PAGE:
Some companies adopt contract manufacturing by tying up with a manufacturer in a foreign country, and it will be sold under the exporting company’s brand name. Bata shoe company gives the design to small units in target countries for making their shoes and accessories that are then sold under the Bata brand name. Now that China has become the manufacturing hub of the world, apart from Thailand, Taiwan, and South Korea, most manufacturing takes place in these countries either in the free trade zone or otherwise and subsequently shipped to other consuming countries.
Some companies take the risk of manufacturing abroad by setting up their own unit or taking over an existing one. Tata’s acquisition of Jaguar in the UK is a recent example. Or Apollo setting up the manufacturing unit in Germany or Ford setting up manufacturing in Chennai in Tamil Nadu State are all examples of manufacturing in overseas countries. Such operations entail huge investment, compliance with laws, and taxation issues. However, in some countries, state governments and federal governments invite foreign investment in manufacturing as it can boost employment, income, enable technological know-how, and rapid growth of the economy, especially if local savings and investment potential is low.
In international marketing concepts in some countries especially in the Gulf region, overseas investment is allowed only as joint ventures between a local industrialist and overseas companies. Share pattern could be in 50:50 55: 45 or any other proportion. Care must be taken in choosing the joint venture partner overseas- their expertise in the industry, knowledge, and awareness of the market, their previous track record, financial standing and among other factors have to be assessed before signing the JV. However, most countries have now set up free trade zones where it is tax-free and 100% foreign investment is allowed. Free Trade Zones are basically meant for export-oriented units and generate foreign exchange and local employment. India, China, Dubai, Malaysia, Vietnam have all set up free trade zones to attract new overseas investment.
Some branding mistakes that proved costly
In the earlier part of the article, the importance of understanding the customs and traditions of the host country was emphasized. Here are some most popular blunders in branding committed globally.
- Braniff International translated the slogan ‘Fly in Leather’ into Spanish, but it meant ‘Fly Naked’
- Coca Cola’s brand name marketed in China meant, ‘Bite The Wax Tadpole’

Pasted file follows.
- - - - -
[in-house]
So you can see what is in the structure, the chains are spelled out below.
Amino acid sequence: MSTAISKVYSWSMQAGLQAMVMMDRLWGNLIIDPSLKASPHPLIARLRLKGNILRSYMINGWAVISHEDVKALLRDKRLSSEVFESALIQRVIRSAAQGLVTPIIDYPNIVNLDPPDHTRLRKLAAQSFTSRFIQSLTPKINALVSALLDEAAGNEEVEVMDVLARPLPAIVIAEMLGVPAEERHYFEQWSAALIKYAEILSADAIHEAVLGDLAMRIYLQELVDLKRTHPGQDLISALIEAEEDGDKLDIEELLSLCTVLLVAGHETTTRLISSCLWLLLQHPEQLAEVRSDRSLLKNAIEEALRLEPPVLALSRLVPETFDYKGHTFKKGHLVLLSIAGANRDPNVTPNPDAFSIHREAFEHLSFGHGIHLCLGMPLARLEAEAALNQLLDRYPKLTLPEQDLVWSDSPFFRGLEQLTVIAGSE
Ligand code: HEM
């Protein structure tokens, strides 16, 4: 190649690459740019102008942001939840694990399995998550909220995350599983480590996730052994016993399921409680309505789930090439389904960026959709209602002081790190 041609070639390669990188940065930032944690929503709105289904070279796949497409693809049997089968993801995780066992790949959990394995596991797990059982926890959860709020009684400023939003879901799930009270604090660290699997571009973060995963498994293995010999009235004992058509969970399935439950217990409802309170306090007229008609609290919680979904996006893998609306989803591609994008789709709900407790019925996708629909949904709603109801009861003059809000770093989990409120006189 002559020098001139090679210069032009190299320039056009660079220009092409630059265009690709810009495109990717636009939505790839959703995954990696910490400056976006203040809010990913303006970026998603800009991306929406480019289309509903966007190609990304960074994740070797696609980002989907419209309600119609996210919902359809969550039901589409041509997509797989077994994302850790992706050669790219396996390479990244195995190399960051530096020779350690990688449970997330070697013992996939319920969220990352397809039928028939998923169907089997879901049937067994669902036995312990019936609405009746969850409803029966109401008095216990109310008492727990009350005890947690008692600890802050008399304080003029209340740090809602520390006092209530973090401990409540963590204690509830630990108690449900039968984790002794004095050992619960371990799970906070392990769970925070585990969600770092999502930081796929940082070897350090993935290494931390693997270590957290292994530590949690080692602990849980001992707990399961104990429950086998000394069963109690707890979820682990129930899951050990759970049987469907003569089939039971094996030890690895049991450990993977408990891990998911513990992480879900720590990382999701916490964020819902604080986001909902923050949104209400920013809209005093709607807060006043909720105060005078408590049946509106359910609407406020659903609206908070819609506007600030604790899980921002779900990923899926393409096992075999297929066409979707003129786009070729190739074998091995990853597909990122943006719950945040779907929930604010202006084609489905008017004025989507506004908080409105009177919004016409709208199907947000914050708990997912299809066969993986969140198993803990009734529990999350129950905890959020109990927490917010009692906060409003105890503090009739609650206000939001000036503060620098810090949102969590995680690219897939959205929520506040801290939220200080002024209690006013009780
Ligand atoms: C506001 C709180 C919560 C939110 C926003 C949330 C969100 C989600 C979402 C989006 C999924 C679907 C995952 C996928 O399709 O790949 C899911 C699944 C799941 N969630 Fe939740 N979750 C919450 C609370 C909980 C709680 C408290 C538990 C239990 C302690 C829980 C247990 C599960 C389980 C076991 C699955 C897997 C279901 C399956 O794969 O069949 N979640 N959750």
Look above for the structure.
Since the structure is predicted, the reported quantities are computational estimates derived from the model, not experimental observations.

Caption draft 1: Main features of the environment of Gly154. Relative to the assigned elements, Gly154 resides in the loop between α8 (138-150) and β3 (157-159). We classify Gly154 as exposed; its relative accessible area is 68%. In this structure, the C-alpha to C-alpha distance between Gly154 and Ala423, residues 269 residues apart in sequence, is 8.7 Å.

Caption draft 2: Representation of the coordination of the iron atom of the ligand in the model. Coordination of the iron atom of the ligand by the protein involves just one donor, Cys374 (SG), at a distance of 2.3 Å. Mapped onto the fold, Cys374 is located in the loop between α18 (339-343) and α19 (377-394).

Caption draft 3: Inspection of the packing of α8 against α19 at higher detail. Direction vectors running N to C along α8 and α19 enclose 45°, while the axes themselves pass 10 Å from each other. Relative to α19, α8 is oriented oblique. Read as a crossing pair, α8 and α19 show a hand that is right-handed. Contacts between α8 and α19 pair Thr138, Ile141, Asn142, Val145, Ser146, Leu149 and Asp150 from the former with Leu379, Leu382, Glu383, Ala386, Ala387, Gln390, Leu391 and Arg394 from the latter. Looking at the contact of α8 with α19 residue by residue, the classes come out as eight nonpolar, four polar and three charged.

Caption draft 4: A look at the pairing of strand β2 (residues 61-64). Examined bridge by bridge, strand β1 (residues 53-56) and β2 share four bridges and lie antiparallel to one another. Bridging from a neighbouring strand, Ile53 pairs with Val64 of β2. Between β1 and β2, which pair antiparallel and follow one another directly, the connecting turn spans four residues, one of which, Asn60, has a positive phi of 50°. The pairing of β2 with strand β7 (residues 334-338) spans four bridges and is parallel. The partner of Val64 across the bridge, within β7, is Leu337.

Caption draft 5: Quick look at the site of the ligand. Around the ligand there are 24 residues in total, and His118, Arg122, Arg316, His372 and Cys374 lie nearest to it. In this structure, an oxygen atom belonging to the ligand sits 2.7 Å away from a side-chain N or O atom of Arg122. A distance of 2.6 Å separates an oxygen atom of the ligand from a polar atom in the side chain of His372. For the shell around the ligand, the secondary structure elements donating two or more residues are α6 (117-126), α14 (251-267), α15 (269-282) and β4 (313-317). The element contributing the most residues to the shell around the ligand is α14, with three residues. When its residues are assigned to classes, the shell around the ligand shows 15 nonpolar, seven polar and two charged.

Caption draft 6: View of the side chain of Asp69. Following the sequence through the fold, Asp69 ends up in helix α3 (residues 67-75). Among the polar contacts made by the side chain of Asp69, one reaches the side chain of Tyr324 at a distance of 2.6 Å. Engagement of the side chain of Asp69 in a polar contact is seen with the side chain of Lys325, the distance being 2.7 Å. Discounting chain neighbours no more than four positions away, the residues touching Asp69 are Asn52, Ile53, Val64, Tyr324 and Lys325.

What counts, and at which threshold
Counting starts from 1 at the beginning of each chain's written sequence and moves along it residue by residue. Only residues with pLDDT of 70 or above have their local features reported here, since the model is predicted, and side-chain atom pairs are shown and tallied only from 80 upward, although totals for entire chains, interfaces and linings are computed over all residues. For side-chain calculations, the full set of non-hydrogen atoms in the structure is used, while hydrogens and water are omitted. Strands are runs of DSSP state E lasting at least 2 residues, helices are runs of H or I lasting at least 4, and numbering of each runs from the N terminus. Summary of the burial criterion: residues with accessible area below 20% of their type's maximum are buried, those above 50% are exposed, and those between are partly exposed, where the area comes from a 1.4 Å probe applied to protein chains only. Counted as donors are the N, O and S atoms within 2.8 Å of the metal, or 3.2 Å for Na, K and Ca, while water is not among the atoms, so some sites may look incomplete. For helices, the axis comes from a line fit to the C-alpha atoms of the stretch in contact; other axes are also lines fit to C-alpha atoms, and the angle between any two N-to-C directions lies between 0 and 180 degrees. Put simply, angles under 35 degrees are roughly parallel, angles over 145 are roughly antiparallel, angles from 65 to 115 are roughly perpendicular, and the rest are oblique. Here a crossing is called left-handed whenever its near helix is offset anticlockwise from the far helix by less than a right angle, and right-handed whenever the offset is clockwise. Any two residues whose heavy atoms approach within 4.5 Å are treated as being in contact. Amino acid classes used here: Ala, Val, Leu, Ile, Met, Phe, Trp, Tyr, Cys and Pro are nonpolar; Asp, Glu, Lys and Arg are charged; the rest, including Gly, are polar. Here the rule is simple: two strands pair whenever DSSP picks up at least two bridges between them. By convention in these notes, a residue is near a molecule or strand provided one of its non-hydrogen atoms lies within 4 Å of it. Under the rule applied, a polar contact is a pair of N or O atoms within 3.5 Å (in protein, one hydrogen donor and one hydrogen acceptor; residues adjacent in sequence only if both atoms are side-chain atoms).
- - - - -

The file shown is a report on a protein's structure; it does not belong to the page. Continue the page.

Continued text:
- Colgate launched its ‘Cue’ toothpaste in France not knowing it was the name of a pornographic magazine in that country.
- Electrolux marketed its vacuum cleaners in the United States with the tagline – ‘Nothing sucks like an Electrolux’
- Ford blundered in Brazil with its Pinto car as Pinto meant ‘tiny male genitals’.
- Mercedes Benz marketed their Benzi car in China. There Benzi means a rush to die.
- Vicks faced trouble with its brand in Germany as V is pronounced ‘f’ in Germany, making it slang for sexual intercourse.
- Pepsi’s campaign Pepsi Brings you back to Life was translated into Chinese which altered its meaning to ‘Pepsi brings you back from the grave’
- Chevrolet’s Nova, when translated in Spanish, meant ‘Won’t Go’.
Branding blunders can turn out to be costly in the long run.
Some marketing strategies to follow Localisation
Many companies approach the international market entry strategies with a one-size-fits-all approach which may be an obstacle to the growth of their overseas business. For food companies that sell processed meat products, they may have to change the product composition or ingredients to suit local taste. In the European region, people prefer less spicy food. In some places, pork may have to be substituted with beef or chicken. In some countries, people prefer strong coffee with aroma, and hence such companies may have to customize their offerings.
For car manufacturers, localization would be required to suit local road and infrastructure conditions apart from purchasing capacity of buyers in the region.
Geographic segmentation: If a company is planning to tap several markets on different continents then it should have an international market entry strategies that cover all major regions. Country managers should be involved in the preparation of GMS. It need not be for each country but each region- for eg. Asia, Africa. the Pacific, Europe, the middle east. The coordination of GMS will help in the uniformity of branding, packaging, and promotional appeal.
Typical product categories that require international market entry strategies are technology, products, consumer electronics, camera, computers, branded luxury products, apparel, personal care, entertainment among others. In these areas, there is global standardization. strategies for entering the Global market can be said to be successful if they change the preferences of local consumers.
IKEA, the Swedish furniture seller, has changed the market for furniture in many countries. It uses a very standardized and coordinated marketing strategy, focusing on simple and functional furniture, annual catalog, and warehouse stocks.
Branding and brand guidelines, strategic marketing planning and budgeting, social media strategy, research strategy and global public relations have to be tailored to the situation in the host country. Gaining access to international market entry strategies have their own costs and benefits associated with it. Sometimes, global brand managers and marketing experts may have to be consulted to get insight into the strategies needed to succeed in another country.
According to a marketing expert, the businesses with brilliant global strategies are Red Bull (Australia), Airbnb California, Dunkin Donuts, Domino’s, Rezdy, World Wildlife Foundation, Nike, Pearse Trust, MacDonalds, and Innocent Drinks. Some of the best companies have adopted the franchise route to gain international markets entry strategies access.
The success of these brands is due to adapting their social strategies to cater to multiple languages for adjusting their menus to the cravings of the diversity of people. With a little bit of homework, observation, and the right international market definition, international markets entry strategies are waiting to be tapped.
This has been a Guide to International Market Entry Strategies. Here we discussed the basic concept, activities of competition with some marketing strategies to follow Localisation. You can also go through our other suggested articles to learn more –